Renewables, man, get something for nothing. Harness the infinite power of wind, water, wave and tide. Why hasn’t it been done before? But of course it has – two thousand years ago – and has yet to overcome three basic and insurmountable problems”: intermittent, depends on locally weak, dispersed sources of energy, and no viable technology to store significant amounts of power. Bummer….
But Low Energy Nuclear Reactions, or LENR, are showing much more promise as an alternative energy source with a demonstration of a reliable, replicable, nickel-hydrogen gas low-energy nuclear reaction reactor on Monday at National Instruments national trade show at the Austin Convention Center in Texas.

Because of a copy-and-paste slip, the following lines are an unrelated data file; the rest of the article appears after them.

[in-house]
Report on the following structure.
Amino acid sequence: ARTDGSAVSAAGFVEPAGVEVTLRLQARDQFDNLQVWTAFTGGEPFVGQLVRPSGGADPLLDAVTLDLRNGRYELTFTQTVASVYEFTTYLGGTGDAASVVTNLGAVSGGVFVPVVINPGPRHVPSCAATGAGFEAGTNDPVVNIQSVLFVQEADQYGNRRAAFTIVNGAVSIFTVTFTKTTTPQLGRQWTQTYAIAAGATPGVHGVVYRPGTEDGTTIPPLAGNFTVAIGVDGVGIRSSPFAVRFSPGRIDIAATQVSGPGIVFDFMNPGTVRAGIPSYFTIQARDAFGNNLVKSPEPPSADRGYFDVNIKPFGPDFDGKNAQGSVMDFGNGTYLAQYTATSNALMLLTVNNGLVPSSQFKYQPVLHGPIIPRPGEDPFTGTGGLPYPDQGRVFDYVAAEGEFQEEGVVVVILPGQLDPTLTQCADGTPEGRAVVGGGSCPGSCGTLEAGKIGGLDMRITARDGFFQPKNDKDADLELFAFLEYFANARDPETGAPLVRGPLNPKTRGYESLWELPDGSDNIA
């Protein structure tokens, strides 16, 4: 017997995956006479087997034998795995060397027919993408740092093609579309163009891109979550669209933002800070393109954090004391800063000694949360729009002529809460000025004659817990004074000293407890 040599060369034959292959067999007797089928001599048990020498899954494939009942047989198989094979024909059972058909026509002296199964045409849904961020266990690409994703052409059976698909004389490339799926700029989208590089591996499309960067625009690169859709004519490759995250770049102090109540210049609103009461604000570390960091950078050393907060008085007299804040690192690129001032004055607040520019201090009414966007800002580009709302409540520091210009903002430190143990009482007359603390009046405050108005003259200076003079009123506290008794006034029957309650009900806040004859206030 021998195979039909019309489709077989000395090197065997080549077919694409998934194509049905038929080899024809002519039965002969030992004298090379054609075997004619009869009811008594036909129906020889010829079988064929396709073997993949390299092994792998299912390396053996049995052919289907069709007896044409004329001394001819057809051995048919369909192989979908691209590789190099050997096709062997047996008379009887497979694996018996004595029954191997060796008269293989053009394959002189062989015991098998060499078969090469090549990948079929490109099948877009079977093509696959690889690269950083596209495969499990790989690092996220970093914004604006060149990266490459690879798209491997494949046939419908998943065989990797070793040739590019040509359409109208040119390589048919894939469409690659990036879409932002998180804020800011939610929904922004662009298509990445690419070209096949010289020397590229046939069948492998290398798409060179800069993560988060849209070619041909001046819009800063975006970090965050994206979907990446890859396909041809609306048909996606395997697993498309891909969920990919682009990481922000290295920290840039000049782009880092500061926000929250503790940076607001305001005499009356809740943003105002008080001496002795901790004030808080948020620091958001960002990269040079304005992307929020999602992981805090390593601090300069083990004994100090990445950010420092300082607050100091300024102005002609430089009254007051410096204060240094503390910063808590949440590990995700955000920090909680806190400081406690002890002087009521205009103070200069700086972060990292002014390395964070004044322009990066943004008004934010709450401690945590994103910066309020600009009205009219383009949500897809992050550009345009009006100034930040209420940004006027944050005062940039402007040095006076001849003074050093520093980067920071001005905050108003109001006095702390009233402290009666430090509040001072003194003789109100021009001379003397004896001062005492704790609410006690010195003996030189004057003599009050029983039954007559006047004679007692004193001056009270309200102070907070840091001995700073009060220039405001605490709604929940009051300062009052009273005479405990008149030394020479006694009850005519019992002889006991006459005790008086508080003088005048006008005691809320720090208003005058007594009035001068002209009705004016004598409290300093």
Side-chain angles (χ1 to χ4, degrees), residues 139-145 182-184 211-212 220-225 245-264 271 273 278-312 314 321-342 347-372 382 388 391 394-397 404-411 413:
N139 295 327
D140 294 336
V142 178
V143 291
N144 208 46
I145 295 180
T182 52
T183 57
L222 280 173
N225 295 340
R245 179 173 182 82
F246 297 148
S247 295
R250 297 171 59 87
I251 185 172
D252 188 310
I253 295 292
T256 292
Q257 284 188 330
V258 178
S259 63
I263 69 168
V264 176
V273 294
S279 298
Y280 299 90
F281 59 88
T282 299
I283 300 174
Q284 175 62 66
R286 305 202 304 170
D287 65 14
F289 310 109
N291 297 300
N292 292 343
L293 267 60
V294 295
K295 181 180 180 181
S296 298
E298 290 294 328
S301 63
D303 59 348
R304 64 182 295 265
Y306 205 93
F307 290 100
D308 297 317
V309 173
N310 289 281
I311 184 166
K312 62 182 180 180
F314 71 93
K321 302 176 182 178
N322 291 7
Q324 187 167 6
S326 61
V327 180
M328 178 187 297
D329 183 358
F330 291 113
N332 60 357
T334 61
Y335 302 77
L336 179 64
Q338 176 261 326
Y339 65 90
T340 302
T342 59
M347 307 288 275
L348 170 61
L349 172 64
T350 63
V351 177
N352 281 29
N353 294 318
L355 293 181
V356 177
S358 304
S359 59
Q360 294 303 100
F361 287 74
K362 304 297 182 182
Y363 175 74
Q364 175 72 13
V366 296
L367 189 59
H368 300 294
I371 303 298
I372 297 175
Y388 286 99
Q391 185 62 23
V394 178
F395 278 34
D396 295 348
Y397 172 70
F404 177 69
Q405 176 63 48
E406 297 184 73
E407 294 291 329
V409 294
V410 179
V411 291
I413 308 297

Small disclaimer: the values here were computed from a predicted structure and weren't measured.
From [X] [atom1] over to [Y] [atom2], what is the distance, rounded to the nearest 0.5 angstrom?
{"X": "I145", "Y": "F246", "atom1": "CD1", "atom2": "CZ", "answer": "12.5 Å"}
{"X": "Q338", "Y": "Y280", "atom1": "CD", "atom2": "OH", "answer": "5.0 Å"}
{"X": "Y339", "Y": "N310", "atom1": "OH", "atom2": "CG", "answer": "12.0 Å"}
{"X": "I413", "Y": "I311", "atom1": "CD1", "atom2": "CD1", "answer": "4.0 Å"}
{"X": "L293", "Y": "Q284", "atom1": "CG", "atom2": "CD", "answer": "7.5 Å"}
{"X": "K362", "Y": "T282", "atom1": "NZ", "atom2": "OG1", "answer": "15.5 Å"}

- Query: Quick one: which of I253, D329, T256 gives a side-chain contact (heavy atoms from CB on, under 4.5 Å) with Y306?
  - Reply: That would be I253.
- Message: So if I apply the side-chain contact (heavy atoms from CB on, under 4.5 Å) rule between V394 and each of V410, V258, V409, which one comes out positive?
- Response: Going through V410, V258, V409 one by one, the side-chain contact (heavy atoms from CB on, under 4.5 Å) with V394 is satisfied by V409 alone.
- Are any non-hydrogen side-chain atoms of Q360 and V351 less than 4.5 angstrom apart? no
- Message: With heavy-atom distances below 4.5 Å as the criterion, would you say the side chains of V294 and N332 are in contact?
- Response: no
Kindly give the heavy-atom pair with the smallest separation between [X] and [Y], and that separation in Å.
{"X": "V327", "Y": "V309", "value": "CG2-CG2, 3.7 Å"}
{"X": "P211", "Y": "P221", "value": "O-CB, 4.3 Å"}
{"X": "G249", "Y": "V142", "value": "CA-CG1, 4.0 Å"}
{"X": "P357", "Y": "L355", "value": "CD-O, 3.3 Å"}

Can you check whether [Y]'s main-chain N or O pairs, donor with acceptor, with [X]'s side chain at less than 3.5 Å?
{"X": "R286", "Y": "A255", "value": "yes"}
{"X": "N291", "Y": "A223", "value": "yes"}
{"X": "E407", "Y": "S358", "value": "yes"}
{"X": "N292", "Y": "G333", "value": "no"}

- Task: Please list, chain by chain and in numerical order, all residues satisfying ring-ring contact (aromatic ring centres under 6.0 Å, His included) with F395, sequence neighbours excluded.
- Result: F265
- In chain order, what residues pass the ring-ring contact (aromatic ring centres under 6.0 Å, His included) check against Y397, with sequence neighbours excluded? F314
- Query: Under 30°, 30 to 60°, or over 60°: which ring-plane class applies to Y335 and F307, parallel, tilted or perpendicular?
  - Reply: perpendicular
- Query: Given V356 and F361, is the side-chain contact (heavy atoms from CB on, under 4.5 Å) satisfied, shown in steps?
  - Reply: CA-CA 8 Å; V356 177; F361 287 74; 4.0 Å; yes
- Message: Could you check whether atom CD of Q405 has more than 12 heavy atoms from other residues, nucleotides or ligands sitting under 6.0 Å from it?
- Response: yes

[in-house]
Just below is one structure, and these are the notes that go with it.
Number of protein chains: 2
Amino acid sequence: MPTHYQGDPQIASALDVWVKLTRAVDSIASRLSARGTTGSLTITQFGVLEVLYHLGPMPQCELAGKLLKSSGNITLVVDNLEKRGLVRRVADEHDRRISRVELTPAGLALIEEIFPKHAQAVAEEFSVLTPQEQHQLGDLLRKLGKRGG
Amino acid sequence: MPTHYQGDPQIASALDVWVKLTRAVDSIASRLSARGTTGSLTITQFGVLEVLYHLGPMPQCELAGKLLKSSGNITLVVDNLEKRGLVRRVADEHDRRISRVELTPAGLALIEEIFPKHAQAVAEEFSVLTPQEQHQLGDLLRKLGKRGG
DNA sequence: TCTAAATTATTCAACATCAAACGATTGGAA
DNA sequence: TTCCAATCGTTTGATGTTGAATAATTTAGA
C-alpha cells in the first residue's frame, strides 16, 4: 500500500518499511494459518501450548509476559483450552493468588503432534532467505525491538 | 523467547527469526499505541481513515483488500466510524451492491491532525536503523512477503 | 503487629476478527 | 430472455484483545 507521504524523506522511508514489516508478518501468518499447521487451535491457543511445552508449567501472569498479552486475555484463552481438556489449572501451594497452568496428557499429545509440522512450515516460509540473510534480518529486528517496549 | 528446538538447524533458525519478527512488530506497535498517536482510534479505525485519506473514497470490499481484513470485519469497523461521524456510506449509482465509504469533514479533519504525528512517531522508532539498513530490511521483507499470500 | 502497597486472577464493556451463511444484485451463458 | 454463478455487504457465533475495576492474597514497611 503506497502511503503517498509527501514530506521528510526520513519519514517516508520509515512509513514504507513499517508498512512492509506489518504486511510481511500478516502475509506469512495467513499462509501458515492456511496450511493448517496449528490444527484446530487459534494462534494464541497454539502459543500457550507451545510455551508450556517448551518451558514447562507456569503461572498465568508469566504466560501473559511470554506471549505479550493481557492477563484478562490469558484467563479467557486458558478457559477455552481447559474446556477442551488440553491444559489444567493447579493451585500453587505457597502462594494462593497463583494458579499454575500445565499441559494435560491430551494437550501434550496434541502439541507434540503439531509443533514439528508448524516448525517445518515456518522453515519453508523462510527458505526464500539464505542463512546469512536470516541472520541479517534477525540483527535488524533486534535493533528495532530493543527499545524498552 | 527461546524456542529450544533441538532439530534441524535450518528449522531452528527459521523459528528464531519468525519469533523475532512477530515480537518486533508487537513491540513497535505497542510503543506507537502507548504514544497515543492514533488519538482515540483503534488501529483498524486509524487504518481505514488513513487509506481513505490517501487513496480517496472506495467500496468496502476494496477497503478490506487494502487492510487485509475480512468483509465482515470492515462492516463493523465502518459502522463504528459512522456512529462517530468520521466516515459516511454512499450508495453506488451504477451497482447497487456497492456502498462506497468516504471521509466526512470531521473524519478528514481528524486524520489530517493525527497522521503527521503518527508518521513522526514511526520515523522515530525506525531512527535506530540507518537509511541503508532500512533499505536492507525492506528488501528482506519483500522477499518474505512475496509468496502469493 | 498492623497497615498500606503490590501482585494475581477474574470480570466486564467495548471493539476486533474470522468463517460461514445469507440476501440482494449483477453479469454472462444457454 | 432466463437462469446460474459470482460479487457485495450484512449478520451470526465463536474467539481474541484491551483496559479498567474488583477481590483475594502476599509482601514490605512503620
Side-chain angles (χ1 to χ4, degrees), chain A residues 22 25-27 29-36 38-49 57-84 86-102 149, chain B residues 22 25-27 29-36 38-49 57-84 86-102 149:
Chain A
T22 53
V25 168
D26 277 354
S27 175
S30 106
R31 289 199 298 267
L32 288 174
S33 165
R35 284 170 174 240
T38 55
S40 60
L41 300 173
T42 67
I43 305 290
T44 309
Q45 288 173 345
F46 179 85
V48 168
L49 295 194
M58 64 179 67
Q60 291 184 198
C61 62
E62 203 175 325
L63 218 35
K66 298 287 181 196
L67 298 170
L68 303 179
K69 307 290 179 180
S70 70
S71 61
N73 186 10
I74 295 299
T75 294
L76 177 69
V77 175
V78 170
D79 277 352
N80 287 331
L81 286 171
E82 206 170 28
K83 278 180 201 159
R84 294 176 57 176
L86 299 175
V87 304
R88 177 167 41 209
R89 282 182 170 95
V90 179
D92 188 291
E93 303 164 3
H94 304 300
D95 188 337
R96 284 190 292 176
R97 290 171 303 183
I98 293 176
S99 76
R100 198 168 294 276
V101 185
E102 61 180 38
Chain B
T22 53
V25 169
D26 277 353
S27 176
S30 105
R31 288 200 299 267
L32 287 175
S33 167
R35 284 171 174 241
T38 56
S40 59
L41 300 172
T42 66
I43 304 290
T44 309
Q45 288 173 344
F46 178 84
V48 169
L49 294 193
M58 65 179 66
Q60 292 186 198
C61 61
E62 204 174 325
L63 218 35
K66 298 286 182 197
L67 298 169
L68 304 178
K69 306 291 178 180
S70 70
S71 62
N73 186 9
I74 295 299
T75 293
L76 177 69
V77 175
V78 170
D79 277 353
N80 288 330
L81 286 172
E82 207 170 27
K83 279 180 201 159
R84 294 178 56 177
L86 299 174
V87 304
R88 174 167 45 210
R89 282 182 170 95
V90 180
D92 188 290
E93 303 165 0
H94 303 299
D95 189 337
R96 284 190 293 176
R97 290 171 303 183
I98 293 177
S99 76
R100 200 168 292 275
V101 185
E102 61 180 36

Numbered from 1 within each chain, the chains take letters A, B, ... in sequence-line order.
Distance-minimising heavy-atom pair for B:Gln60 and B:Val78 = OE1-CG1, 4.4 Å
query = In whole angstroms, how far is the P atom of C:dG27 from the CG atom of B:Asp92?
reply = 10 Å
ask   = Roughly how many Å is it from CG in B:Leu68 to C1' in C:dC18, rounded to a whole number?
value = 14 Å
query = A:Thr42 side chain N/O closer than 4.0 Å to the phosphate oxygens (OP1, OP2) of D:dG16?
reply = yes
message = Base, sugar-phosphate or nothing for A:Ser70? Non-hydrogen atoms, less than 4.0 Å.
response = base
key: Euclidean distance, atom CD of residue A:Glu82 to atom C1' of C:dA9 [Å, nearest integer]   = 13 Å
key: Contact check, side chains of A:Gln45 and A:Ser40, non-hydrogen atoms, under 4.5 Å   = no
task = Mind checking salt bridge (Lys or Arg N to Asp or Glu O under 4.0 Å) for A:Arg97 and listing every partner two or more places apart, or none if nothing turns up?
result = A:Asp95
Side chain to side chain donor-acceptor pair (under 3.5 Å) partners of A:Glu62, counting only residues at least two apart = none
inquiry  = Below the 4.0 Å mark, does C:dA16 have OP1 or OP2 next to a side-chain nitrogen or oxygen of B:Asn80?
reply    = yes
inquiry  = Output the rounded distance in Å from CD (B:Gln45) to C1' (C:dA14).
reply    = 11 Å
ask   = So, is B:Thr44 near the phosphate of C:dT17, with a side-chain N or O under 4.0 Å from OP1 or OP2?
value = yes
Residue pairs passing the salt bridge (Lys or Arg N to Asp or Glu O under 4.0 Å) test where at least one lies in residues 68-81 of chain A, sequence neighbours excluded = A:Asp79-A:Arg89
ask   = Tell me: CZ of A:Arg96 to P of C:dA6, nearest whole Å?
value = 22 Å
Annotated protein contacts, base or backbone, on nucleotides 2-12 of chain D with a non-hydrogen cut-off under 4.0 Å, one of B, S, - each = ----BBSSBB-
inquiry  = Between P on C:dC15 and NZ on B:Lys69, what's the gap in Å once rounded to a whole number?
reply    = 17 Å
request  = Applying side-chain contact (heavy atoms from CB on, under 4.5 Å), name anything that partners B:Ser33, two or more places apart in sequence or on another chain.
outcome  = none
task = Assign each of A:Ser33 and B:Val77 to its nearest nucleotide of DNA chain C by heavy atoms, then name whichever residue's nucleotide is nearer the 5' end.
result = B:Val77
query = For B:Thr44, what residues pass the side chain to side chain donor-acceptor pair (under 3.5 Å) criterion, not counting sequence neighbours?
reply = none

The technique demonstrated by Celani is described here. He describes the desirable qualities for LENR of a class of Nickel/Copper alloys called the Constantans: high catalytic power at dissociating molecular hydrogen. Wiki indicates the name comes from metals with a low or negative temperature coefficient of resistance, or “constantan”.
He then describes his experiments with the measured resistance of Contantan wires while generating anomalous heat.
We observed a further increasing of anomalous
power that, if there are no mistakes around, was about
twice (i.e. absolute value of over 10W) of that detected
when the power was applied to inert wire. The R/Ro
value, after initial increasing, stabilized to 0.808.
If the consideration at point 11) is correct, we can
think that the reaction, apart some temperature threshold,
has a positive feedback with increasing temperature.